Schematic illustration of the interference microwave reflection loss (RL) mechanism within the Fe-MOF.
Schematic illustration of the interference microwave reflection loss (RL) mechanism within the Fe-MOF.

Materials that reduce electromagnetic interference between electrical components in advanced electronic circuits and help aircraft, ships, and other military hardware evade radar detection rely on absorbing microwaves. Now researchers have shown, for the first time, that an iron-based metal-organic framework (MOF) has microwave-absorbing properties [Green et al., Materials Today Chemistry 9 (2018) 140].

MOFs are highly porous composite materials constructed from organic ligands or linking molecules and metal ions or clusters. The resulting coordinated network forms a three-dimensional structure with record-breaking surface areas and pore volumes, which has attracted attention for catalysis, sensing, drug delivery and gas storage.

“Now we have shown, for the first time, that ferric metal organic frameworks (or MOFs) possess very good microwave absorption properties,” says Xiaobo Chen, who led the research effort.

Many materials from carbon in all its forms to conducting polymers to various metal oxides and composites have been investigated for microwave-absorbing properties, which are thought to arise from dielectric and magnetic losses. But the team from the University of Missouri – Kansas City, Shanghai Institute of Ceramics, China Three Gorges University, Peking University, and Changchun Institute of Optics, Fine Mechanics and Physics think that a novel interference mechanism could be at work in the case of MOFs.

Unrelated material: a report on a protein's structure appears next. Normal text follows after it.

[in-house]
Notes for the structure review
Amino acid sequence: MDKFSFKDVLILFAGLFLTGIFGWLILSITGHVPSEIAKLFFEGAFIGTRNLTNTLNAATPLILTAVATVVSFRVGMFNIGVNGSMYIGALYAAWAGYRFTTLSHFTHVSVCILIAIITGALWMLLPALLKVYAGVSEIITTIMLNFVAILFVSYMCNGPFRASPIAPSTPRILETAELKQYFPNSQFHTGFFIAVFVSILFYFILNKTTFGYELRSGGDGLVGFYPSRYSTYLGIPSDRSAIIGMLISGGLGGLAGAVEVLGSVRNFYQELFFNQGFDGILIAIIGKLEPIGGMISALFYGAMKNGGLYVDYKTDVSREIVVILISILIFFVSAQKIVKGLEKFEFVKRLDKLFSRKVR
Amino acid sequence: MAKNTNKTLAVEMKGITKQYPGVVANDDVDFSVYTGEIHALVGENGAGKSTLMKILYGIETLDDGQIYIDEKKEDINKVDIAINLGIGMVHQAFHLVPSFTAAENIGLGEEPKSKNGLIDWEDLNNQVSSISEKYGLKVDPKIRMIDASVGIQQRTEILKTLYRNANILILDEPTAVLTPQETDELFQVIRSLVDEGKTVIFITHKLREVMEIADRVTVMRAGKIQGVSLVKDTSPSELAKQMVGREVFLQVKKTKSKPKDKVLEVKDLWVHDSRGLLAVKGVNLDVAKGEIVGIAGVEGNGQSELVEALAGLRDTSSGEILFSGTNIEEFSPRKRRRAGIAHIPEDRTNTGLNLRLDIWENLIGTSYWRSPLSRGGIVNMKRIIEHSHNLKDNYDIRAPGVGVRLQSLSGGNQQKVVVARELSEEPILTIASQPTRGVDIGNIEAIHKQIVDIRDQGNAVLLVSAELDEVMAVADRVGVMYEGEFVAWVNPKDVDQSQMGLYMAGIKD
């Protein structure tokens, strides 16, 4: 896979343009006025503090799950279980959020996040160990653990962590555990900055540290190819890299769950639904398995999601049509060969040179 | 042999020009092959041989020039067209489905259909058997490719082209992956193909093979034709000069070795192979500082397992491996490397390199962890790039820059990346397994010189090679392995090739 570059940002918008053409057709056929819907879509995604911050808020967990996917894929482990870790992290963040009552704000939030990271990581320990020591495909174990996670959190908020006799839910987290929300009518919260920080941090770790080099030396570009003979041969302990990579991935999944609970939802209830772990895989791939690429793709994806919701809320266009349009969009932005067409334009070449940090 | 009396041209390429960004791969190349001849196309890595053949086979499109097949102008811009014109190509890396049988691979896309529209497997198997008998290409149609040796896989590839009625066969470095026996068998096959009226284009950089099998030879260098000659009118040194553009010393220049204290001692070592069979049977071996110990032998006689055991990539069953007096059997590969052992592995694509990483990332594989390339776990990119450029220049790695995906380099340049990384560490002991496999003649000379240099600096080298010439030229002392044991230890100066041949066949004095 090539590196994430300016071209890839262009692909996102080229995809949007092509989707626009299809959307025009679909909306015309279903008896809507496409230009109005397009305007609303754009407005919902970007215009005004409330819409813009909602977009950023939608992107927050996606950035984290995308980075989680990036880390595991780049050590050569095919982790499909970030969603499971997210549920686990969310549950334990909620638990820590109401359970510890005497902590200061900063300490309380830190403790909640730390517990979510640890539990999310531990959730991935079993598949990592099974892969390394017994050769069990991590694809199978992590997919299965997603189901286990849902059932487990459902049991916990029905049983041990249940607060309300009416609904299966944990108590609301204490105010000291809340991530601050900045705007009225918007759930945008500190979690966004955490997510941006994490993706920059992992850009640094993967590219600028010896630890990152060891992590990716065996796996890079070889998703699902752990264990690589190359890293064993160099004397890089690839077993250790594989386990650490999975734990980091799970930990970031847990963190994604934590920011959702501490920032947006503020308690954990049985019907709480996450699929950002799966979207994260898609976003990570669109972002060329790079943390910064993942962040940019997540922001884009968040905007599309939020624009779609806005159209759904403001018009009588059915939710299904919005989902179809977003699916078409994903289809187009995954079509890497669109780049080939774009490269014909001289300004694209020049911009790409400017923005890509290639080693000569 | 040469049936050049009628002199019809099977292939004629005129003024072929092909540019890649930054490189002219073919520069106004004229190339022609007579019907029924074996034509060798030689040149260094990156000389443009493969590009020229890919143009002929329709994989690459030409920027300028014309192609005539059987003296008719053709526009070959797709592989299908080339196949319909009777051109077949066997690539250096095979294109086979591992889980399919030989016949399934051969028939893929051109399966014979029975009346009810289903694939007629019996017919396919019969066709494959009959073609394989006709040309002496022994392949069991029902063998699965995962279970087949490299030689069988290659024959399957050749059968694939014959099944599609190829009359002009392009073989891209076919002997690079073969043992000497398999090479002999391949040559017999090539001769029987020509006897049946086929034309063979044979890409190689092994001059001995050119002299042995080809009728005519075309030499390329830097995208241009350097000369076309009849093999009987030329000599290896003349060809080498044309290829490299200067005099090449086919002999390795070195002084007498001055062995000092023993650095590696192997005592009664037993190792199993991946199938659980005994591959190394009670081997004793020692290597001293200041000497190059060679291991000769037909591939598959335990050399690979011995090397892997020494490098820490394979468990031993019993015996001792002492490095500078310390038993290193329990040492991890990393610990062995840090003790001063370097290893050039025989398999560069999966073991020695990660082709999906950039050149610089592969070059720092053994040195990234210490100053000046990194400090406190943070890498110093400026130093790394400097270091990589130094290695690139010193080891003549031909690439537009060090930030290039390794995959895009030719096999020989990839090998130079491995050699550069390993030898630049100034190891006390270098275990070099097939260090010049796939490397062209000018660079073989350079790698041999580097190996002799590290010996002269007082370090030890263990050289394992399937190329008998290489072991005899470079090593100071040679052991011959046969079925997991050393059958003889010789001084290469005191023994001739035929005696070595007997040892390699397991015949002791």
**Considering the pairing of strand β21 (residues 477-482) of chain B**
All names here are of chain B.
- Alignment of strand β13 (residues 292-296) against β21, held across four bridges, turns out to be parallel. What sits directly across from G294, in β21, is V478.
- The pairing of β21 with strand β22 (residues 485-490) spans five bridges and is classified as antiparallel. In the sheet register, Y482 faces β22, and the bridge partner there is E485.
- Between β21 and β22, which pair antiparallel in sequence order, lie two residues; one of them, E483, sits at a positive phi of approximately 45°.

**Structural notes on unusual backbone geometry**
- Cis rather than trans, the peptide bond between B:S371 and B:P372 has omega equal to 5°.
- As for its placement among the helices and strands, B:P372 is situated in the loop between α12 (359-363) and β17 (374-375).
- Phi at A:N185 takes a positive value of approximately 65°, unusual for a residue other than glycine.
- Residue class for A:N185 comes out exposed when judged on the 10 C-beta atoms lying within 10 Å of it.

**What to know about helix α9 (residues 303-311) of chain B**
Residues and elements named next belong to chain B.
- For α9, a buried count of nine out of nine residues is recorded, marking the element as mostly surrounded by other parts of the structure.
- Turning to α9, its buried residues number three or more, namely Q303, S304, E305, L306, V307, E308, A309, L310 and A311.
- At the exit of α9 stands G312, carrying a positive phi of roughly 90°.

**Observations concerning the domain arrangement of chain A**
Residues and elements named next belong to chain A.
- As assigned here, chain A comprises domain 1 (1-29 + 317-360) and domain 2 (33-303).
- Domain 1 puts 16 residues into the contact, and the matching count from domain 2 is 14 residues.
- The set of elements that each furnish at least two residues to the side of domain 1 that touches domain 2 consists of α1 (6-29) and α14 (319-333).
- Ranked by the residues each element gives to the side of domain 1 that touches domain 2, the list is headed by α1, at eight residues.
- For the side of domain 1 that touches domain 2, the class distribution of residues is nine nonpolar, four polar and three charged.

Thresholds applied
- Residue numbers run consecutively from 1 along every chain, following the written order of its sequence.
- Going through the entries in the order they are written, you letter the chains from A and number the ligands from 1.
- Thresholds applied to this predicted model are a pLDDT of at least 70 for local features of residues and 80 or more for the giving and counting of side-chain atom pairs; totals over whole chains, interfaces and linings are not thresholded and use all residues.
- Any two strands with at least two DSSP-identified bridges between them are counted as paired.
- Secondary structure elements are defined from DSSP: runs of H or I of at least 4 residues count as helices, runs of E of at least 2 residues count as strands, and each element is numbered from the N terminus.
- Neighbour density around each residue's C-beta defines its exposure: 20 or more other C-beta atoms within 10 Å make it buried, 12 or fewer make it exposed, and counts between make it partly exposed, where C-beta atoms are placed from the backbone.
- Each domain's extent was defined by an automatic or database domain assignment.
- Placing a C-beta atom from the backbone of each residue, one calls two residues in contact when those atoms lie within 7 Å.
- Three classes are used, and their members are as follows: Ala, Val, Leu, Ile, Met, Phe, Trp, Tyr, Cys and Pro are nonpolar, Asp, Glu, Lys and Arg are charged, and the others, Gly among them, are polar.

The Fe-MOF was synthesized from ferric nitrate [Fe(NO3)3×6H2O], 2,3,5,6-tetramethyl-1,4-benzenedicarboxylic acid (TMBDC) and 1,4-diazabicyclo[2.2.2]octane (DABCO) mixed in N,N-dimethylformamide (DMF) at room temperature. The resulting brownish-red powder is made up of micrometer-scale amorphous particles within which metal ions are linked together by TMBDC and DABCO pillar ligands.

When bombed with microwaves, the Fe-MOF shows a large reflection loss value (of -54.2 dB), which represents an absorption efficiency of more than 99.999%. The optimum layer thickness appears to be around 2.65 mm, above which a narrower microwave frequency region is shielded from radar detection. Unlike other microwave-absorbing materials, the researchers’ observations indicate that electrical rather than magnetic relaxation within the material explains the high microwave-absorbing properties of Fe-MOF. The researchers suggest that rotation of polar groups or regions within the Fe-MOF are responsible for the remarkable microwave absorption. In effect, as microwaves are reflected from the front to the back surface of the Fe-MOF layer, high levels of interference lead to reflection losses and microwave absorption.

“This work opens up a new application field for MOF materials, while providing a promising material candidate (and likely many MOF candidates in the future) for microwave absorption,” says Chen.

Fe-MOF is easy to fabricate in large quantities from widely available, cost-effective reagents under mild conditions, he points out, and can be used to coat any objects that need to be shielded from radar detection or electromagnetic interference via simple brush-on or roll-to-roll approaches.